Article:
An unhappy American heads for the jungle to create a mad utopian civilization in Paul Theroux’s 1982 novel, The Mosquito Coast. Nathaniel Rich on this powerful allegory for America’s manifest destiny—and the limitations of our way of life.
The recent public debate over who “built it”—“it” meaning American businesses, or infrastructure, or American society, or Mitt Romney’s grin—has a lineage that dates back to the dawn of the republic. The debate even has its own literature, novels that ask whether this is a nation of Ahabs or Babbitts, Thomas Sutpens or Stepford Wives. What, in other words, are the limits of rugged individualism? At what point is Manifest Destiny fulfilled—and what are we supposed to do with ourselves then?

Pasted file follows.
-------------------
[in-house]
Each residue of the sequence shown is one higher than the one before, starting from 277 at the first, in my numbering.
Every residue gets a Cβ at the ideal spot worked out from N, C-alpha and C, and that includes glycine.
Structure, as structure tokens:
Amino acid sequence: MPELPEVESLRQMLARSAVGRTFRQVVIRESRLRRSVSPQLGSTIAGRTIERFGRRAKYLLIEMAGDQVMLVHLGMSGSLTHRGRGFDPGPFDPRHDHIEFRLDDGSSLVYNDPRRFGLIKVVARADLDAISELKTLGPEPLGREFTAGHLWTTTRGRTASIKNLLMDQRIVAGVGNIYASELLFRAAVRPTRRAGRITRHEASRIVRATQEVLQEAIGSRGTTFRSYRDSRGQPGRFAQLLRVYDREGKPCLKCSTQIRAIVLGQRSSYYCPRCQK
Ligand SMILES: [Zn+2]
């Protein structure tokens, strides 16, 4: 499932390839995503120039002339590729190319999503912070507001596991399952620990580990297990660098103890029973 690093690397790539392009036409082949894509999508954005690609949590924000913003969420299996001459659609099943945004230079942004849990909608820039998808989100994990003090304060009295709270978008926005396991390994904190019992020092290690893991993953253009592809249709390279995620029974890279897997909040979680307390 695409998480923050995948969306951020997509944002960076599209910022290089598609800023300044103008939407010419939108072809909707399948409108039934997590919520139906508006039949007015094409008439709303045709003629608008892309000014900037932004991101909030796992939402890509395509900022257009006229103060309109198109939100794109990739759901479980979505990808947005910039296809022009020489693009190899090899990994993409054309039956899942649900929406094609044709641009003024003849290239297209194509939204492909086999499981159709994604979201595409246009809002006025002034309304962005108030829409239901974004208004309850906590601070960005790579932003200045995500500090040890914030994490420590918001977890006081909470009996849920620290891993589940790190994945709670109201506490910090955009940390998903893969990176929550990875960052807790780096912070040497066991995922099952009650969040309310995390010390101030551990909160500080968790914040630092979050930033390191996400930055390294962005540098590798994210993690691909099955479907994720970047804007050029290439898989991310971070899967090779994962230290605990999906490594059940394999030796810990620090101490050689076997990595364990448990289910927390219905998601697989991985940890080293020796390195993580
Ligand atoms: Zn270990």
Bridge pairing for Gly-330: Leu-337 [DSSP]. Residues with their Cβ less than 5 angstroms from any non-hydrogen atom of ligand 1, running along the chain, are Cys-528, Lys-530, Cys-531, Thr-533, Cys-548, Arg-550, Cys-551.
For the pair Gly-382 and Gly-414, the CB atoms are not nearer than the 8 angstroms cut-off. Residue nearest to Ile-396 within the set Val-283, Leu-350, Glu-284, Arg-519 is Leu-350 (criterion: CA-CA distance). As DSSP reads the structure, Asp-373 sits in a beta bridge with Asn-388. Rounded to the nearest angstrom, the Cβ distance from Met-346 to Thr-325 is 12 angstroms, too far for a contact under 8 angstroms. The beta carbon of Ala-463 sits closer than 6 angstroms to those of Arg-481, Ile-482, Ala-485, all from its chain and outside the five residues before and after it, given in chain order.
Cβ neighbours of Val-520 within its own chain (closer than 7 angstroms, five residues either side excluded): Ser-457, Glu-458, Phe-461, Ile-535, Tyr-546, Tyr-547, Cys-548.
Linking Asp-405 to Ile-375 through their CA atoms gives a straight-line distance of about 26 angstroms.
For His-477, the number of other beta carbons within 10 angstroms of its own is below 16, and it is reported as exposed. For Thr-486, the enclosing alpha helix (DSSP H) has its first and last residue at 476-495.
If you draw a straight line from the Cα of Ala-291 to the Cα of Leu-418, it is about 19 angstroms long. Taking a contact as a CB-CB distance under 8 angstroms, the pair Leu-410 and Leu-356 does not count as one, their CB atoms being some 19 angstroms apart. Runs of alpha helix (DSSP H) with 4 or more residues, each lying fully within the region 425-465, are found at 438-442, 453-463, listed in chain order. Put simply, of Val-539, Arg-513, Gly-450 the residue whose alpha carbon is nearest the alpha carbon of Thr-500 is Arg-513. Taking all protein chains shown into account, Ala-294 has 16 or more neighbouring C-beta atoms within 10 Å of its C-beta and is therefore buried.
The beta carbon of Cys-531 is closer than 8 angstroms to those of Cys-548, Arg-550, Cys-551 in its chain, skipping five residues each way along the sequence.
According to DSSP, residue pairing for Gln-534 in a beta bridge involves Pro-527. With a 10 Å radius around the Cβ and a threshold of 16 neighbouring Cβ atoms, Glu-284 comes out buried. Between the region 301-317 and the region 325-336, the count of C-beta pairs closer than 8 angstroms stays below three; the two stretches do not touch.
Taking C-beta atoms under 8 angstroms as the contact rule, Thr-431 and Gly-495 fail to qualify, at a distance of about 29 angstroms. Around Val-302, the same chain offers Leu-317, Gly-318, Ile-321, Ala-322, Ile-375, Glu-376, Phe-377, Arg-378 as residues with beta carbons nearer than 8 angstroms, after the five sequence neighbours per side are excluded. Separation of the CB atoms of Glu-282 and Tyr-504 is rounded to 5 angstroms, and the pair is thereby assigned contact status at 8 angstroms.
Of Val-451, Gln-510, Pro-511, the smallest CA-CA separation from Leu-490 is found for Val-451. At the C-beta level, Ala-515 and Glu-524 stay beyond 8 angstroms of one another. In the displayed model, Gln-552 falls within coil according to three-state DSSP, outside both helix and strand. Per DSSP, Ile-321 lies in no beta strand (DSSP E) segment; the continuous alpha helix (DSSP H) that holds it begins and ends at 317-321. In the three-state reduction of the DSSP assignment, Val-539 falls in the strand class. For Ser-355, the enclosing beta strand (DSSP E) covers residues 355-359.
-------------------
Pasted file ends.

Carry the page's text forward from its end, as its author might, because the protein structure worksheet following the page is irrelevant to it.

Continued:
Few American novels have addressed these questions more directly than The Mosquito Coast. Paul Theroux wrote it in the gloomy period defined by Jimmy Carter’s “malaise” speech, still the most haunted, existential speech in American presidential history (“We can see this crisis in the growing doubt about the meaning of our own lives ...”). The novel was published in 1982, in the midst of the severe recession that began shortly after Ronald Reagan took office and lasted until the middle of his first term. Theroux’s Ahab, Allie Fox, is a man of this time: a Harvard dropout, father of four, and an amateur inventor with an intense disgust for the state of the nation. The book begins with a rant by Allie about “the awfulness of America—how it got turned into a dope-taking, door-locking, ulcerated danger-zone of rabid scavengers and criminal millionaires and moral sneaks.”